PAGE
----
Princes and lords. A famous sentiment in Goldsmith's “Deserted Village" runs as follows :
Princes and lords may flourish or may fade,
When once destroyed can never be supplied. The thought is one of the most common in literature. But even the verbal vesture in which it is clothed has been traced to various sources, though Gold.
smith has touched it with the magic of his own genius : “nihil tetigit quod
Who pants for glory finds but short repose :
** Epistle I., Book ii. Still closer came De Caux, who, comparing the world to his looking-glass, had said,
C'est un verre qui luit, Qu'un souffle peut détruire, et qu'un souffle a produit. (" It is a shining glass, which a breath may destroy, and which a breath has produced.")
As Goldsmith borrowed, so he was borrowed from in return. Burns, in the “Cotter's Saturday Night,” has,
Princes and lords are but the breath of kings.
“An honest man's the noblest work of God," the last line being, of course, a quotation from Pope. Burns varies the thought in another of his poems :
A prince can mak' a belted knight.
A marquis, duke, and a' that,
Guid faith, he mauna fa' that. Burns's words were anticipated by Wycherley in his “Plain Dealer,” Act i., Sc. I: “I weigh the man, not his title' ; 'tis not the king's stamp can make the metal better.” From Wycherley Sterne probably stole it; for when stealing is in question, the presumption is always against Sterne. “Honors, like impressions upon coin, may give an ideal and local value to a bit of base metal; but gold and silver will pass all the world over without any other recommendation than their own weight,” he says in “Tristram Shandy."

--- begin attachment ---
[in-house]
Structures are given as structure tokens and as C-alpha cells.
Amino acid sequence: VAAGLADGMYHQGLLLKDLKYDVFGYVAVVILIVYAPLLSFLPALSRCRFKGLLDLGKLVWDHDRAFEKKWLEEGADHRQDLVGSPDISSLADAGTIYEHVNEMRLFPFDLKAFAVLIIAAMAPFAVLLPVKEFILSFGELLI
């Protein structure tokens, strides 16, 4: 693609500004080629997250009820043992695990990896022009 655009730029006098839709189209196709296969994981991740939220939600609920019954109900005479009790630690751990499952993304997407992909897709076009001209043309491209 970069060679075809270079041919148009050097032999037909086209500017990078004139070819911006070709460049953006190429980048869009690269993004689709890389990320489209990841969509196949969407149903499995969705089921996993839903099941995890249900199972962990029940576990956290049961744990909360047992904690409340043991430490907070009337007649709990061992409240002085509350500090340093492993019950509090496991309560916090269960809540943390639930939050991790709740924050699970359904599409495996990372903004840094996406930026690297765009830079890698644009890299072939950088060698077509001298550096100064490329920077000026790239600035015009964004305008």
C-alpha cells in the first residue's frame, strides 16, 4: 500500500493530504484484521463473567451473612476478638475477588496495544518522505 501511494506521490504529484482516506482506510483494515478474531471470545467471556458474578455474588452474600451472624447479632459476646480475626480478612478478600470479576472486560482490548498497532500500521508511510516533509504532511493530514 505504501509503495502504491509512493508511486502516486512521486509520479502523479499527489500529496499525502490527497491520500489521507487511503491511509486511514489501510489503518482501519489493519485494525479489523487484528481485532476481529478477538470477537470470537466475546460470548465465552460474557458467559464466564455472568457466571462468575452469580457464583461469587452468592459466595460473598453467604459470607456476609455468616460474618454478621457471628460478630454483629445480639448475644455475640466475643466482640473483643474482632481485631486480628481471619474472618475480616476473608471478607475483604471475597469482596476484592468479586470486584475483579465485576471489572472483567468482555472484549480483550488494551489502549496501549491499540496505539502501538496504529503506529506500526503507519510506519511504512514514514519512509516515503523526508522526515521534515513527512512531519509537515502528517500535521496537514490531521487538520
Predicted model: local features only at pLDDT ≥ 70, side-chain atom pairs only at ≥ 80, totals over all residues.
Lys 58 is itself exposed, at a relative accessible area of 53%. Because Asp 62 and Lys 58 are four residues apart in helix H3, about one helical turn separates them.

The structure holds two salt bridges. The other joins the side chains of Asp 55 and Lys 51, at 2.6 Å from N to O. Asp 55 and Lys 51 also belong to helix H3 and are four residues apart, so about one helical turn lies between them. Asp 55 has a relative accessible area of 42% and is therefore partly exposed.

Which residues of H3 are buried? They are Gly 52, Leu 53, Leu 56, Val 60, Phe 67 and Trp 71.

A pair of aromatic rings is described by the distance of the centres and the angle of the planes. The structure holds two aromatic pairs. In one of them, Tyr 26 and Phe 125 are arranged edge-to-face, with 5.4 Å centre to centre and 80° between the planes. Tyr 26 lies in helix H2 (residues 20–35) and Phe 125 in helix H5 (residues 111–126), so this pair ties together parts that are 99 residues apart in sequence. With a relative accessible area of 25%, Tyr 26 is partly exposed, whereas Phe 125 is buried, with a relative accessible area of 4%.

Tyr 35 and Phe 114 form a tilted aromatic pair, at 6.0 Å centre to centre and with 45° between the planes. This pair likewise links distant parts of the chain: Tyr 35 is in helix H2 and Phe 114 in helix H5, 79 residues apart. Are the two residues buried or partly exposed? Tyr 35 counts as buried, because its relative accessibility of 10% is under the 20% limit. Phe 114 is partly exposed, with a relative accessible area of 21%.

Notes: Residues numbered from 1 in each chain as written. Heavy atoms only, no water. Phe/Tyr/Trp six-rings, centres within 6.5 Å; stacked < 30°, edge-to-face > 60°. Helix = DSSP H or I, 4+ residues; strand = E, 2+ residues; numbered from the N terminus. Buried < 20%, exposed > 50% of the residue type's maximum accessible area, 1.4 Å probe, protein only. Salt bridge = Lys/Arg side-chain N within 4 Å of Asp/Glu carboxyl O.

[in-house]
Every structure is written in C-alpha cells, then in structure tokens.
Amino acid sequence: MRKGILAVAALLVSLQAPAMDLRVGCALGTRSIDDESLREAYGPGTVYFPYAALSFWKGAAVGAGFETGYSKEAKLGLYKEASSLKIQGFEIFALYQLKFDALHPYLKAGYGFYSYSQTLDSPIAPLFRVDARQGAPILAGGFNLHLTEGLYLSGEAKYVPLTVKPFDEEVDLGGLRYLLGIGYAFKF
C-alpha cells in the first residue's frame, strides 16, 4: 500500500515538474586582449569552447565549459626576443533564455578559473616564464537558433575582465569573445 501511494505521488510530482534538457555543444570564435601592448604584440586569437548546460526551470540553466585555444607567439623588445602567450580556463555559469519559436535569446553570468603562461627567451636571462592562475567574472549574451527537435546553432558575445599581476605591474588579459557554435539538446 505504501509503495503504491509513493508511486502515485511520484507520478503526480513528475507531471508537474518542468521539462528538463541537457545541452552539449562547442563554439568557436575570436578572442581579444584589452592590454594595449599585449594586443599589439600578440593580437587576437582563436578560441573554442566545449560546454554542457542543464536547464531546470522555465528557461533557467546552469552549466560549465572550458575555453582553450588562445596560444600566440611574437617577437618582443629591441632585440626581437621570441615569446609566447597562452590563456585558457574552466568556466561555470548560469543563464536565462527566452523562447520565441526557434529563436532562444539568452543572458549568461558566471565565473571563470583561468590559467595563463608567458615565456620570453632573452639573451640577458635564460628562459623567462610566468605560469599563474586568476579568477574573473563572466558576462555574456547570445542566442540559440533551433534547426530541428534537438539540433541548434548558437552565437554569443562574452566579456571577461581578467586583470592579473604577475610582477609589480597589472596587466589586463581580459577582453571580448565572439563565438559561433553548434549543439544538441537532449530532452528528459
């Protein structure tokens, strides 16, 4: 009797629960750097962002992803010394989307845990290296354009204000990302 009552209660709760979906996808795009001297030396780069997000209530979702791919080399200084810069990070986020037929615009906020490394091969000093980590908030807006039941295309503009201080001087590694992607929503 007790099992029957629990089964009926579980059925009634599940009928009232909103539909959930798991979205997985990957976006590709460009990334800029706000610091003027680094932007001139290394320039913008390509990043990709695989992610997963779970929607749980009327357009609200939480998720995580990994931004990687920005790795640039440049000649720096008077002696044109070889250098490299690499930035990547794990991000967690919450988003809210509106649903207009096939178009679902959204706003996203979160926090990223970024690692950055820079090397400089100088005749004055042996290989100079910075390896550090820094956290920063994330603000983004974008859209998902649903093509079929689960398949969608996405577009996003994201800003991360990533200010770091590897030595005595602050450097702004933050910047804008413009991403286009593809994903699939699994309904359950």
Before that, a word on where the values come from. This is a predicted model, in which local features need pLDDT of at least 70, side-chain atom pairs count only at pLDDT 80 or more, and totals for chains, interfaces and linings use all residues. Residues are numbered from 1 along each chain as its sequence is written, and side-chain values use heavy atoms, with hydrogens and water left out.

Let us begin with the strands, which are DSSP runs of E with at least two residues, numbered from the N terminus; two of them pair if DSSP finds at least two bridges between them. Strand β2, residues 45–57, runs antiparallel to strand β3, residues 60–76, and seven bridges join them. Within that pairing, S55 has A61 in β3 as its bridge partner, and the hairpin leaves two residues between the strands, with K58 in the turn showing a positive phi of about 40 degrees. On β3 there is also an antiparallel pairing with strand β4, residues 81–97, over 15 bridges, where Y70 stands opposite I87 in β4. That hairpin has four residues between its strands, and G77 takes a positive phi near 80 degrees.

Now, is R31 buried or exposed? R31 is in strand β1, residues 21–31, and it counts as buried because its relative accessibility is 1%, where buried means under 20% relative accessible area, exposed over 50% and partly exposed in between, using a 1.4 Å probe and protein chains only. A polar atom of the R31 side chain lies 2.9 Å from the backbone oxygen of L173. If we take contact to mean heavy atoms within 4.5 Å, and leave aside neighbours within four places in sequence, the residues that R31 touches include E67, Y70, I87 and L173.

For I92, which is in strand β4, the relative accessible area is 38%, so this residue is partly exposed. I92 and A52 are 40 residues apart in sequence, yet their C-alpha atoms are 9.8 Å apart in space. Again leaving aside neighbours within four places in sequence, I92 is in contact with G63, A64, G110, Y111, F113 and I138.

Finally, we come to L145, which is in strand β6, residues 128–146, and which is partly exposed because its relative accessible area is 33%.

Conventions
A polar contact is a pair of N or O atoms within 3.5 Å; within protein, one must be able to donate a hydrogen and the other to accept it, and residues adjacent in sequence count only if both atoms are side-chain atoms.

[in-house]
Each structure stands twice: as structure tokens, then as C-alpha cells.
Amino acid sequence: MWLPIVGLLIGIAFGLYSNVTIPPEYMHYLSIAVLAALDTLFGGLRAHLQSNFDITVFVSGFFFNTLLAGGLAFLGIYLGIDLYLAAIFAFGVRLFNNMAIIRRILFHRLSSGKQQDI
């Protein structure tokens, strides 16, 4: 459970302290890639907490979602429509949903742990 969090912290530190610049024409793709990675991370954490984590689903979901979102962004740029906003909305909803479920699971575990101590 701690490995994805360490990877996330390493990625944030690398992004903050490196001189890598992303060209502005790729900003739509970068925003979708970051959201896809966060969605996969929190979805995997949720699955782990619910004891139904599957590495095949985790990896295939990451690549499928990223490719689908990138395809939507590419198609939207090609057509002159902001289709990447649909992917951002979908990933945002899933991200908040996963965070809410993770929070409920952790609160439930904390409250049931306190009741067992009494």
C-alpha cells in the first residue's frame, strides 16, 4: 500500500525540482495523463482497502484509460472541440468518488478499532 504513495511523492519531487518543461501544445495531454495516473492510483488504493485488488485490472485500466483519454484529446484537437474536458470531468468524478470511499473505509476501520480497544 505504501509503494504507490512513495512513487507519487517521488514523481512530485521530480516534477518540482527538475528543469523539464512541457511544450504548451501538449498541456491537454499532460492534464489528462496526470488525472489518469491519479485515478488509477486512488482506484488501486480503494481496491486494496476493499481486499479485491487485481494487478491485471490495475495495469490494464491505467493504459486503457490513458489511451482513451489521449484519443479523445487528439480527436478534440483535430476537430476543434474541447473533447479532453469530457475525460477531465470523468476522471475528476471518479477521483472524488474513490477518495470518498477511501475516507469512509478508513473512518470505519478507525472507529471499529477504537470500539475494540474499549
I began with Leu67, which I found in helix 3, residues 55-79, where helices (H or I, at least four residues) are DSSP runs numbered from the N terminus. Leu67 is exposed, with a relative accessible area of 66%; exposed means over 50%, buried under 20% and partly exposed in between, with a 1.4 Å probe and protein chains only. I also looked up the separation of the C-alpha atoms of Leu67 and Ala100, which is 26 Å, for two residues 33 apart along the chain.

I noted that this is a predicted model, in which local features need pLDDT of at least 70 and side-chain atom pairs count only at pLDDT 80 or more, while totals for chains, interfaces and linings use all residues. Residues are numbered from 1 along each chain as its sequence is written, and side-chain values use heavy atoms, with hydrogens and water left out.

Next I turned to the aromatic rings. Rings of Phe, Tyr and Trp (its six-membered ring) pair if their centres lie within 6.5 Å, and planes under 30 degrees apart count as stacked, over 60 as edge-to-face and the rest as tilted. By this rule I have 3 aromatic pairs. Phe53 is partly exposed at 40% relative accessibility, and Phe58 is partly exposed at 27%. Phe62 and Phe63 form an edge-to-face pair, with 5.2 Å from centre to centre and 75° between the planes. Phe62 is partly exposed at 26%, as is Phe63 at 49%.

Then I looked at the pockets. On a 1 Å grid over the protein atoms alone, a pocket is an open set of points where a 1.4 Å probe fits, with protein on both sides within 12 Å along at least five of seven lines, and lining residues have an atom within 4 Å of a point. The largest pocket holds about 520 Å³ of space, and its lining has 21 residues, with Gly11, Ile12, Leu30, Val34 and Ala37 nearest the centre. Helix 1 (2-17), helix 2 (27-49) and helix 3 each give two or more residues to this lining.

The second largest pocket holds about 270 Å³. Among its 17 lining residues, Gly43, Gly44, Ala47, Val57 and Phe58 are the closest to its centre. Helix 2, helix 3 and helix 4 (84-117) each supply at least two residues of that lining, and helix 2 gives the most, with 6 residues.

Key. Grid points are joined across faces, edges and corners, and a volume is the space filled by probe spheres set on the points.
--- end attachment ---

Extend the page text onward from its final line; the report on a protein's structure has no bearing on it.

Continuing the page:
Now, all these sayings, so different in form but so alike in substance, are but illustrations of the idea to which Pope has given these words :
Honor and shame from no condition rise:
Act well your part, there all the honor lies. The Germans express it in the proverb,
Edel seyn ist gar viel mehr
Als adlig seyn von den Eltern her,
Than the mere heir of such as lived of yore,") a good democratic maxim, in substance embodied in the Declaration of Inde. pendence, and as old as human nature. We find it in one form or other in the oldest books,-the Talmud, for instance, where it is thus expressed : “Not the place honors the man, but the man the place."
Principiis obsta (L., “ Meet the beginnings”), an oft-quoted phrase from Ovid's “ Remedium Amoris," line 91. “Medicine," the poet adds, in explanation, “comes too late when the evil has gained strength by long delay.” The French have an analogous expression : "Ce n'est que le premier pas qui coûte" (“ It is only the first step that costs"). Madame du Deffand, in a letter to Horace Walpole, June 6, 1767, relates how Cardinal Polignac, a man of vast credulity, told her the old story of the martyrdom of St. Denis, who, after decapitation, walked two leagues with his head in his hand to the spot where his church was afterwards erected. The cardinal Jaid special stress on the distance traversed. “The distance is nothing," quoth Madame ; "'tis only the first step that costs" (“La distance n'y fait rien ; il n'y a que le premier pas qui coûte").